Prince Regent National Park

The Prince Regent River District, declared WA’s 99th national park, protects many areas of scenic grandeur for which the Kimberley region of Western Australia is renowned. The Prince Regent River District is one of Australia's most remote and beautiful places. Spectacular features include Kings Cascades, Pitta Gorge, Mount Trafalgar, Python Cliffs and Prince Regent River, which runs almost straight for most of its length, often between near-vertical cliffs.

The headwaters of Prince Regent River rise in the Caroline Range near Mount Agnes then flow in a north westerly direction. The river enters and flows through the Prince Regent Nature Reserve and past Kings Cascade and finally discharging into Saint George Basin and Hanover Bay to the Indian Ocean.

St George Basin

St George Basin is a large flooded plain in the far north-west Kimberley region  into which the Prince Regent River flows and is home to one of the largest concentrations of Mangroves in Australia. The islands in the Basin create some interesting landscapes and photographic opportunities,especially in the early morning and late afternoon. The Basin is connected to the Indian Ocean via Brunswick Bay and at the time of rising sea levels, prior to 6000 years ago, the Bay and Basin would have been flooded, the islands formed and the Prince Regent River became estuarine for about 30 kilometres from its mouth.

Mount Trafalgar

Mount Trafalgar is one of Australia’s most remote attractions, with the only access by air or boat. There are no roads into the area and a permit is required from Conservation and Land Management for those wishing to enter the area. The top of the massive bluff can only be reached by boat or helicopter. A Kimberley region tourist company offers helicopter flights to the area which take visitors to the top of the mountain where they can enjoy a champagne breakfast as the sun comes up over the ocean.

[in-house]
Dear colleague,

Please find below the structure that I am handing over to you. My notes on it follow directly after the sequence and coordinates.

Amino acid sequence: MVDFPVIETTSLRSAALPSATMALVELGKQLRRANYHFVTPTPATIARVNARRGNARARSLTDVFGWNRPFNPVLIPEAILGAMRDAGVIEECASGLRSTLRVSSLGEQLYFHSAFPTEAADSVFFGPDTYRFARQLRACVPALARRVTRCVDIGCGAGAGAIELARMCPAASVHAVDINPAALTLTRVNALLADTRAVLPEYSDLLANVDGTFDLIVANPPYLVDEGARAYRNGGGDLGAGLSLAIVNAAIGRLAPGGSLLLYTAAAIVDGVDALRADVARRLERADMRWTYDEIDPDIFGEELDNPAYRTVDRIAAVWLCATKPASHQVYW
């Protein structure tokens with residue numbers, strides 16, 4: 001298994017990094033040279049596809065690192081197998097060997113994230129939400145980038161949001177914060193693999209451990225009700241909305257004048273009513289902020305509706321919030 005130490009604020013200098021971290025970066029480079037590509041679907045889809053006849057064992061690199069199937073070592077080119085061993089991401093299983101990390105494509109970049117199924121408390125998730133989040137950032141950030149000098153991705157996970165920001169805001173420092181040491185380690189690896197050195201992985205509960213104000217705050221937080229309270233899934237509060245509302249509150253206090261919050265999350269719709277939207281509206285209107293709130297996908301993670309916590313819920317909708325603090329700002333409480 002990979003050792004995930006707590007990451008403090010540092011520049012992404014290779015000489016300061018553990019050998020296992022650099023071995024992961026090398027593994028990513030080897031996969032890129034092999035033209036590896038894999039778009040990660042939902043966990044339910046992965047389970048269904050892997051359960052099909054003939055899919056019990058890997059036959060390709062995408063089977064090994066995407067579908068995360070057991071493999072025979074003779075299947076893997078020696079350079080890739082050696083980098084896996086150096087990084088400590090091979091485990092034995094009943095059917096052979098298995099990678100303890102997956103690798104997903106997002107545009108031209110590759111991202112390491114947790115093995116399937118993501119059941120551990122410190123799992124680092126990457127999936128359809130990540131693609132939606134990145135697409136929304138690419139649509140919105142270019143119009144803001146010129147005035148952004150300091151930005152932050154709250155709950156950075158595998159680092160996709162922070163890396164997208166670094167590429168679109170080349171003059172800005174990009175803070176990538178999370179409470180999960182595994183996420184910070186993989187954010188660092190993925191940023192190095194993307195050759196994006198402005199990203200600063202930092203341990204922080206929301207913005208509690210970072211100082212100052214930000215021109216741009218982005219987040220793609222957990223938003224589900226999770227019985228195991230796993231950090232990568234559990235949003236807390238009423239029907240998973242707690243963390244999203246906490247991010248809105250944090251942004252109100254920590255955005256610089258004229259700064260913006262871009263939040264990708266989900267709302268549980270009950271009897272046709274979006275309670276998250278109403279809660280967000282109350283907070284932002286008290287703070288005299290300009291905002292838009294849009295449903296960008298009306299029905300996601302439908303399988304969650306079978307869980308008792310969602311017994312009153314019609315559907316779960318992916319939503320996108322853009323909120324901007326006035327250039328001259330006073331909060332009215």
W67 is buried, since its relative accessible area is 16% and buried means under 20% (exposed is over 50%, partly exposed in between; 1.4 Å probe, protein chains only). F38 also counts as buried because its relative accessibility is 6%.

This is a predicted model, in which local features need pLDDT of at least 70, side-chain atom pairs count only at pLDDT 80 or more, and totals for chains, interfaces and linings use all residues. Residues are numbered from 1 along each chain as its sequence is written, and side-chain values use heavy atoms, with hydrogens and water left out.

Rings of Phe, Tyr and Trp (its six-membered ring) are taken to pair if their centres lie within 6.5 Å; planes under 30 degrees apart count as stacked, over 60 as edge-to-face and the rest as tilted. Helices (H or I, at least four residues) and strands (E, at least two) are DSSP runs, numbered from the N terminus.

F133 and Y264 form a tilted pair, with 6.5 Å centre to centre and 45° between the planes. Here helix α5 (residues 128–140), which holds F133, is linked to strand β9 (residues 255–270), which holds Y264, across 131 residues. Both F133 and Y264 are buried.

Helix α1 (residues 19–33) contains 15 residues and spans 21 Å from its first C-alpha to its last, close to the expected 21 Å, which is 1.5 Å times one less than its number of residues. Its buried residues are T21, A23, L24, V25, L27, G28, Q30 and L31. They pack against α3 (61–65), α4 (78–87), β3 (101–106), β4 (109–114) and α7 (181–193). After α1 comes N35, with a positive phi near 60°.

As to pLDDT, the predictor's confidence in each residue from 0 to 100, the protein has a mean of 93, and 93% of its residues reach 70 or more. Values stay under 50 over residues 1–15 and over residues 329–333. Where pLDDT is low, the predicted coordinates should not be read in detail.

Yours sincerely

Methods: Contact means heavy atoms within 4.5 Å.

The first Europeans known to gaze on this scene were the botanist, Allan Cunningham, and ship’s surgeon, James Hunter, in September 1820 on the survey vessel HMC Mermaid, under the command of Lieutenant Phillip Parker King. While the ship was undergoing emergency hull repairs at Careening Bay, the pair had climbed a prominent hill, which they named Mount Knight. From this peak, their eyes were drawn to a glimmering inland tidal basin, as well as a skyline dominated by a spectacular tilted mesa.

In the oral traditions of the Wororra, the local Aboriginal people, this mighty mesa, Ngayangkarnanya, had been carried in the Dreamtime from the north by a vast shoal of fish, sharks and crabs. The colossal weight of the load not only exhausted them, it squashed many flat – creating in the process both rays and shovel-nosed sharks. Unaware of these ancient legends, Phillip Parker King and the crew of HMC Mermaid ventured in to explore the basins and navigable lower river, bestowing British names with patriotic zeal.

The Prince Regent River was named for the Hanoverian prince, shortly to succeed his incapacitated father, George III, and reign in his own right as King George IV. The 391-metre mesa was named Mount Trafalgar by King, in honour of Nelson’s great naval victory of 1805. An adjacent lesser peak was named Mount Waterloo, after the Belgian village that witnessed the decisive defeat of Napoleon by the Duke of Wellington’s army.

As the landscape is dominated by the reddish hues of the sandstone bluffs the only contrast is provided by the sky or if you are lucky enough to be there early in the dry, there is still a lot of greenery present.